As rain persists, blight and fungus invade crops

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BRATTLEBORO -- Vermont agriculture experts are keeping their fingers crossed concerning a new deadly fungus that is threatening Maine’s blueberries.

And they are saying that the next few weeks will be a crucial period in determining how much damage a second fungus will have on Vermont’s tomato and potato crop.

"What we need mostly right now is a change in the weather," said Tim Schmalz, a plant pathologist with the Vermont Agency of Agriculture. "It has been a beautiful summer if you are a plant pathogen."

The cool, wet weather this summer is causing an explosion in plant diseases that experts say are always around, but are usually kept at bay by dry, warm periods.

It has been neither dry nor warm for most of June and July and the coming weeks could make the difference between salvaging the harvest and losing entire crops.

Scientists from the University of Maine this week confirmed Valdensinia leaf spot on wild blueberry plants in Sumner, Maine.

The deadly fungus devastated crops in Nova Scotia and New Brunswick and blueberry pathologist Seanna Annis said the disease could destroy plants this summer and next in what is one of Maine’s most important agricultural products.

Schmalz has not heard of any reports among Vermont blueberry growers, but said he will likely issue a warning in the coming days to encourage growers to keep a watch for the large, brown spots that first appear on the leaves of the blueberry plants.

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And in Vermont, and all across the Northeast, scientists have been warning commercial farmers and home gardeners against late blight, a fast moving disease that kills tomato and potato plants.

Schmalz said reports of late blight are flooding into his office and at this point, just about every region in the state is seeing signs of the disease.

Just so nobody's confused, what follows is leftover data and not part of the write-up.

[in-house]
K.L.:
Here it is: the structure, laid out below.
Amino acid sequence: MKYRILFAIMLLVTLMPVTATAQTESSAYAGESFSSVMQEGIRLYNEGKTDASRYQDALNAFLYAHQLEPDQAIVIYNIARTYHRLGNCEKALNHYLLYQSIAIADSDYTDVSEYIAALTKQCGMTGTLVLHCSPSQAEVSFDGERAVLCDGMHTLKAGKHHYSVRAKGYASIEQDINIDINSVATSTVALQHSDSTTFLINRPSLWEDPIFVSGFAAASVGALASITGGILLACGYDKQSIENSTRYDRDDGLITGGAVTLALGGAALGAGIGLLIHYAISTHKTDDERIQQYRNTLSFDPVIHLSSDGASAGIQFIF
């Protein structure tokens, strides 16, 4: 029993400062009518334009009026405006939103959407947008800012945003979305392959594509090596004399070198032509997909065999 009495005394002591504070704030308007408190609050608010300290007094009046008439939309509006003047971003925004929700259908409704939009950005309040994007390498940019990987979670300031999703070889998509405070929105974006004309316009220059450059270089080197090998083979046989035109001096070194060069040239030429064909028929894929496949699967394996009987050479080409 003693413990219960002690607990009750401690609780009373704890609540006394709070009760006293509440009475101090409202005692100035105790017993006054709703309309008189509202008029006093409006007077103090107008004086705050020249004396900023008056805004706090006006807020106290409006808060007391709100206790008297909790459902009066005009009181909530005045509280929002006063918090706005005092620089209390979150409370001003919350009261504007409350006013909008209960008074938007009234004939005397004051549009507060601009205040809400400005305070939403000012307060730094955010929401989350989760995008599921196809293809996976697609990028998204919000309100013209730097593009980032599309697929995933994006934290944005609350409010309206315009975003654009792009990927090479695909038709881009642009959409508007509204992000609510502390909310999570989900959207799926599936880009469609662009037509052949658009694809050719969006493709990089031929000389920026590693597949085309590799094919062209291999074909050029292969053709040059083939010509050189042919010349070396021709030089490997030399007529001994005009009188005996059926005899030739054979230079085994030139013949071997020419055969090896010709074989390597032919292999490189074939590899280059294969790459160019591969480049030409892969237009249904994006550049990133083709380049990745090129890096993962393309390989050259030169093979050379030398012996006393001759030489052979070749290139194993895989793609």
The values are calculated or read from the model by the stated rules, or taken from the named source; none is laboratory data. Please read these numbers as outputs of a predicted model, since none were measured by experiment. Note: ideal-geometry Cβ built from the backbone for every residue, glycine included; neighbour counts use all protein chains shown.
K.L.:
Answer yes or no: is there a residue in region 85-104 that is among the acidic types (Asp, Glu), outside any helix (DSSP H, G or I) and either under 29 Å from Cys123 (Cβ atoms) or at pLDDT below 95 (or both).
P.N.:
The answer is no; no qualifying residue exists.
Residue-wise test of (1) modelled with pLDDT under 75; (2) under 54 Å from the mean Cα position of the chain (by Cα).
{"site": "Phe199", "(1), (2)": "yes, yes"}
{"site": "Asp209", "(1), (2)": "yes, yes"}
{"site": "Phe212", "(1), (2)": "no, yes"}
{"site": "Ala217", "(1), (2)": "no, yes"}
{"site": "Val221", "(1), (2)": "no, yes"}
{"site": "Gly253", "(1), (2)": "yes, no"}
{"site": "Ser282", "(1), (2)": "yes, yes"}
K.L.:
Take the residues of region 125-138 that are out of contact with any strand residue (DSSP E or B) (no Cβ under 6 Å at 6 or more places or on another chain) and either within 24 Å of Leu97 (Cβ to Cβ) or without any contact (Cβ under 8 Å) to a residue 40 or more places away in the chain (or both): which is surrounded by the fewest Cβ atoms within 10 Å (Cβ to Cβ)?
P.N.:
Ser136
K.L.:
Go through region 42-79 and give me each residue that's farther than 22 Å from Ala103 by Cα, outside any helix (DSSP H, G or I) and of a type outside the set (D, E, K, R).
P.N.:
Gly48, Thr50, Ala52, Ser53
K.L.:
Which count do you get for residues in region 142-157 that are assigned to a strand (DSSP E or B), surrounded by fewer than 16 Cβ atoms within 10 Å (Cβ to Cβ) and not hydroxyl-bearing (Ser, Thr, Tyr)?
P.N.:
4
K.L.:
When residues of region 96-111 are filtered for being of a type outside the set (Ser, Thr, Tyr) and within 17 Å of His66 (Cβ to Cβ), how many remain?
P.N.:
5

"This pathogen is universally distributed across Vermont," Schmalz said. "Once it is established, there are not too many curative fungicides. The infection will carry out a complete destruction of the host plant. It is a tough pathogen to deal with."

Late blight was responsible for the Irish potato famine of the 1840s and across the Northeast, scientists, government officials and businesses are grappling with the spreading infestation.

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New York Gov. David Patterson on Tuesday asked the U.S Department of Agriculture to declare 17 counties in his state agricultural disaster areas due to the deadly fungus and wet weather.

And Bonnie Plants, a national distributor of starter plants, issued a press release addressing reports that the company was responsible for the outbreak.

The company said the disease was detected in the region two weeks before any confirmed cases were found in their greenhouses.

Bonnie Plant workers voluntarily removed millions of dollars worth of tomato plants when the seriousness of the situation became apparent.

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"Late blight is not a new or uncommon disease, it has been around for hundreds of years," Bonnie Plants general manager Dennis Thomas said in the press release. "Bonnie produces millions of tomato plants, any of which could become host to late blight, however, if the pathogen was not present, or the weather conditions were sunny and dry, any tomato plant from any grower could not host the disease."

University of Vermont Extension Vegetable and Berry specialist Vern Grubinger said the number of calls confirming late blight are increasing daily.

When the disease was first detected in the state last month, agriculture experts were holding out hope that the weather would turn, but the cool and rainy pattern continued through most of July.

Commercial growers can spray their crops with powerful fungicides but Grubinger said organic growers have very few weapons to protect their plants.

He has not heard of any large-scale commercial growers who are plowing their crops under, but said that everyone is looking to the skies for some relief.

"We saw this coming. If it got hot and dry, we could have avoided this, but it never happened," Grubinger said. "Now we are looking at another week of rainy weather and it has the potential of turning into a bigger problem."

The Associated Press contributed to this report.

Howard Weiss-Tisman can be reached at or 802-254-2311, ext. 279.


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